Japanese Competition in International Trade

November 18, 1959

Report Outline
World Trade and the U.S. Balance of Payments
Japan'S Leap Forward to Prosperity
Japanese Competition in World Markets
Preparation of Future Markets in Asia
Special Focus

World Trade and the U.S. Balance of Payments

Growth of Foreign Competition in U.S. Market

Less than 15 years after the defeat of Japan in World War II, and the loss of her empire and “co-prosperity sphere,” she has emerged as a formidable competitor of her former enemies in international trade. Japan is at present enjoying a business boom of unprecedented proportions, with her national output increasing faster than that of the United States, The slower rate of expansion in this country has been attributed in part to a marked change in the American position in world trade, accompanied by a steady worsening of the country's international balance of payments.

The end of a period in which the United States in effect financed the rebuilding of war-torn Western Europe and Japan appeared to be signalized at meetings in Washington of the free world's three great international financial institutions—International Bank for Reconstruction and Development (World Bank), International Finance Corporation, and International Monetary Fund—at the end of September. Secretary of the Treasury Robert B. Anderson appealed to the assembled finance ministers and governors of central banks for action to redress the imbalance of U.S. international payments. If the deficit accumulated over the past two years were not reduced by increased takings of American exports, he said, other measures would have to be considered to prevent continued draining of U.S. gold reserves.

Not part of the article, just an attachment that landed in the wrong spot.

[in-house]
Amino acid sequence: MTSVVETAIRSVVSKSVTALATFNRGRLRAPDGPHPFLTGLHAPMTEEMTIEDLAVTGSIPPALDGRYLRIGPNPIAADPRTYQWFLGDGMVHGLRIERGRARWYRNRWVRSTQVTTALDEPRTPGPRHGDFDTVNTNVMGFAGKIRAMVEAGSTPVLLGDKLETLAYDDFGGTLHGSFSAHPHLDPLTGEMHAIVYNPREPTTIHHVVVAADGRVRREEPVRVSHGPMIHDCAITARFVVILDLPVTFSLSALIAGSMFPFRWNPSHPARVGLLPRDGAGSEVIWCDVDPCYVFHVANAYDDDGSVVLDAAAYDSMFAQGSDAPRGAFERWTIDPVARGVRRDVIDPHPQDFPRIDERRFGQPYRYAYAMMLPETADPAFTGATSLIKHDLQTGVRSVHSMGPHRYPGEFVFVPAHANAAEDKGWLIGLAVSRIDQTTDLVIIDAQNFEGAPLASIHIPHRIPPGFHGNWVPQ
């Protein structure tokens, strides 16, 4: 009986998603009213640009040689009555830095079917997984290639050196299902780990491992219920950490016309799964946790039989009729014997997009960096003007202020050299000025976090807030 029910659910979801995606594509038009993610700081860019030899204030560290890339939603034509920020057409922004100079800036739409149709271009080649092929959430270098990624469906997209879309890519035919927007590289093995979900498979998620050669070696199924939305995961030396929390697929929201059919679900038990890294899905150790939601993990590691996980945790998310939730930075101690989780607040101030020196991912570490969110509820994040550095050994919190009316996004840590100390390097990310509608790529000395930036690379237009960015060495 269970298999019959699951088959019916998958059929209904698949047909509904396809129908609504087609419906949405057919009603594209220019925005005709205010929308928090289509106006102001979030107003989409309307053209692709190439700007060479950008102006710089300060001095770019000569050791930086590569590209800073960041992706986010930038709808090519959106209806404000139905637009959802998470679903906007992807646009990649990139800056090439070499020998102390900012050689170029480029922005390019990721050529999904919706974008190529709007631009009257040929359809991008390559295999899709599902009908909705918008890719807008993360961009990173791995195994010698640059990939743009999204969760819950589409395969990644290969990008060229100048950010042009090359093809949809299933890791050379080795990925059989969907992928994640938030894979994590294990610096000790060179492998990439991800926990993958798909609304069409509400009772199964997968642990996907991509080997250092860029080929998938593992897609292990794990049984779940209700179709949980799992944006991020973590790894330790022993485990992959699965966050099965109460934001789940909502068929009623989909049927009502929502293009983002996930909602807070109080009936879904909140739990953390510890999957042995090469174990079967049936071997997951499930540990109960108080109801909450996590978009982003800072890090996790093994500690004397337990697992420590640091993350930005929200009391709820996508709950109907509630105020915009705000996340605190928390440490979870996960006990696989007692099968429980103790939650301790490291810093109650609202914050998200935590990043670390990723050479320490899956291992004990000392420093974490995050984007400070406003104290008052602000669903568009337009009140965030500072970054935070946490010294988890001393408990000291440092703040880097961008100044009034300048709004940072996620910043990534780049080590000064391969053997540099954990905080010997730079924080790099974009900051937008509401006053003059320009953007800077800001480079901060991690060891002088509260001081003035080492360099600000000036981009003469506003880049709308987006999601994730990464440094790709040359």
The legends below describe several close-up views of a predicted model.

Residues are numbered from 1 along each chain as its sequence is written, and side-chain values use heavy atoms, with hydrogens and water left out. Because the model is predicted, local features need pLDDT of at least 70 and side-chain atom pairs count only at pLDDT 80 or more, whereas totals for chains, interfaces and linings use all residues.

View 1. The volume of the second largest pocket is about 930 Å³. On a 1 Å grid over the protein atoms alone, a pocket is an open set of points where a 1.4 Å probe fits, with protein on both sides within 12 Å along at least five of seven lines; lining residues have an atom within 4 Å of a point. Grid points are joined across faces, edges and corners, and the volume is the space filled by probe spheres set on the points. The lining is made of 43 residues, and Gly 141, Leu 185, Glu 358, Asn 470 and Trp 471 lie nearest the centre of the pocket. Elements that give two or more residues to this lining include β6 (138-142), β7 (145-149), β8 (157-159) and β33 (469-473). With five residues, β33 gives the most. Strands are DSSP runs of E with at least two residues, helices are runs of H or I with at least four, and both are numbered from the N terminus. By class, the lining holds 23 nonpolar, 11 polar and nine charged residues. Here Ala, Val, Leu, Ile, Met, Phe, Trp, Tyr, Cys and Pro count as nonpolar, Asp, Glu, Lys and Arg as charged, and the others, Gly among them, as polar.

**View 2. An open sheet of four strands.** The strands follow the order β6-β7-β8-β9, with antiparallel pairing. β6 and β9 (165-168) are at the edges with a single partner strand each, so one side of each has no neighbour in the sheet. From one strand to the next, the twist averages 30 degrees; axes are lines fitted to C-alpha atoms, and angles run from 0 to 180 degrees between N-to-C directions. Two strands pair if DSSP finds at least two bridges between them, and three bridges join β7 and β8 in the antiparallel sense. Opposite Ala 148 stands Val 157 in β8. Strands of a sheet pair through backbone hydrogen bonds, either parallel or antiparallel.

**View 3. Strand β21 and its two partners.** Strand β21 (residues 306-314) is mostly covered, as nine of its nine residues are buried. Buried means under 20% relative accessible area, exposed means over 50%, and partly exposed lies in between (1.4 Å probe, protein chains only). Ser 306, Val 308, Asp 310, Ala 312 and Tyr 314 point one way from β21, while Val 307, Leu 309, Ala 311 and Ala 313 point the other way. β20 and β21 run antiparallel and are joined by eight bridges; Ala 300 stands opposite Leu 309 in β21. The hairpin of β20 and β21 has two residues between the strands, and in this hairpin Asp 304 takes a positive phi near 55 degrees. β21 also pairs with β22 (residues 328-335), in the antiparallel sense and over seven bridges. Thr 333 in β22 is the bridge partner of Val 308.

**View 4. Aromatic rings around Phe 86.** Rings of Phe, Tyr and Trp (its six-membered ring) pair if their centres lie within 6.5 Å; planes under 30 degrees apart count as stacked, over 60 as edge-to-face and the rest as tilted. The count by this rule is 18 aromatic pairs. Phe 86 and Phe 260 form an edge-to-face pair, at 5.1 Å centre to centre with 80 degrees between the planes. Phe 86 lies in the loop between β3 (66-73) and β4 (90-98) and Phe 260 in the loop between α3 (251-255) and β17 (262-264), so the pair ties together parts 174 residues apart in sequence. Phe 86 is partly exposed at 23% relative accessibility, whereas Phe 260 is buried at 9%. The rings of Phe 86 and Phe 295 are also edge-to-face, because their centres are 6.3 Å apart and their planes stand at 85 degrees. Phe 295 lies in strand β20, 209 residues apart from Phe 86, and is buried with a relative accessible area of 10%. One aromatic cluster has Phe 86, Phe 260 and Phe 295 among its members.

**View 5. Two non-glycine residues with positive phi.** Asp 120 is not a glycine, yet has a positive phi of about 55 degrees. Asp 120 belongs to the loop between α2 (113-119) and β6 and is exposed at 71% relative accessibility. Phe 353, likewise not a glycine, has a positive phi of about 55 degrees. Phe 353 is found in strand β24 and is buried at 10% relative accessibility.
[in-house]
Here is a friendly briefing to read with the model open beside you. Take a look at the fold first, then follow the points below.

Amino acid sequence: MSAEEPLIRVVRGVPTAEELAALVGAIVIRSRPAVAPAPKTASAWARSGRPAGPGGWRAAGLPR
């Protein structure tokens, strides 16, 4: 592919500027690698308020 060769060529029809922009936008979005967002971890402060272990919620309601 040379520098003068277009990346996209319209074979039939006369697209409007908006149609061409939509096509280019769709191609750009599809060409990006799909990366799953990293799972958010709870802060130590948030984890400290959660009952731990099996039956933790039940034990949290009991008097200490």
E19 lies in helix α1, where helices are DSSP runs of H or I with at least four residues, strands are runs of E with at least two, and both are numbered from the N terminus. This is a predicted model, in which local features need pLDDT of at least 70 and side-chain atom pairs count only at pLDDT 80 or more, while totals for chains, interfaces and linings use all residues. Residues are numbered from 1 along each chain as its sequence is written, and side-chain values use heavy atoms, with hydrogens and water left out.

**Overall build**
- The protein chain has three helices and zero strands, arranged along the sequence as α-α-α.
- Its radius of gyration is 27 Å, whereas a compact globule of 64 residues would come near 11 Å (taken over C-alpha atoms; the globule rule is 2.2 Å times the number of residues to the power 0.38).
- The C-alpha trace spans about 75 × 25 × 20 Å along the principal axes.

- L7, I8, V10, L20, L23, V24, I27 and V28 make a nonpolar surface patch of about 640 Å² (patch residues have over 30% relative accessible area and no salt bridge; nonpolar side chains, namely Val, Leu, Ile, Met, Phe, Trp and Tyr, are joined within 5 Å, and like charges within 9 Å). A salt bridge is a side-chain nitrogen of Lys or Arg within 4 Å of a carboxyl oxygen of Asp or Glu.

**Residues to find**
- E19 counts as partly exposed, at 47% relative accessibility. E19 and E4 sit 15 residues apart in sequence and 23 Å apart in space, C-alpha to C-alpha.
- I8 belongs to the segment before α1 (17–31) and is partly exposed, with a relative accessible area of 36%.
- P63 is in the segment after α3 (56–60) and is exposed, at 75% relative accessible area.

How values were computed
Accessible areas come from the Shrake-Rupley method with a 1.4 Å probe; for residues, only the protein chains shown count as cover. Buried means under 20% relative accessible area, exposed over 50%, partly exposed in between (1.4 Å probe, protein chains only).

American spending abroad—for imports, foreign aid, and private capital investment—now exceeds this country's international receipts by about $4 billion a year. Due to rising competition from reconstructed Japan, West Germany and other countries of Western Europe, imports to the United States exceeded merchandise exports in the second quarter of 1959. This was due in part to obstacles raised against American goods by countries whose own exports to the United States were rising sharply.

ISSUE TRACKER for Related Reports
Jul. 26, 2002  Japan in Crisis
May 31, 1991  The U.S. And Japan
Apr. 09, 1982  Tensions in U.S.-Japanese Relations
Jul. 01, 1977  Japanese Elections
Mar. 04, 1970  Emergent Japan
Jun. 25, 1969  Okinawa Question
Jan. 05, 1966  Rising Japanese Nationalism
Jun. 02, 1960  Japan: Disturbed Ally
Nov. 18, 1959  Japanese Competition in International Trade
May 11, 1955  Relations With Japan
Nov. 03, 1954  Japan's Economy
Jan. 09, 1952  Trade with Japan
Feb. 28, 1951  Japan and Pacific Security
Sep. 19, 1947  Peace with Japan
Aug. 14, 1945  Emperor of Japan
Nov. 03, 1944  Russo-Japanese Relations
Dec. 09, 1939  The United States and Japan's New Order in Asia
Dec. 05, 1938  Japan and the Open Door Policy
Apr. 29, 1935  Japanese Foreign Trade Expansion
May 11, 1934  Japanese Policy in Asia
Oct. 12, 1932  Japanese-American Relations
Mar. 17, 1932  Boycotts and Embargoes
Feb. 10, 1932  Militarism Vs. Liberalism in Japan
General Agreement on Tariffs and Trade (GATT)
International Finance
Regional Political Affairs: East Asia and the Pacific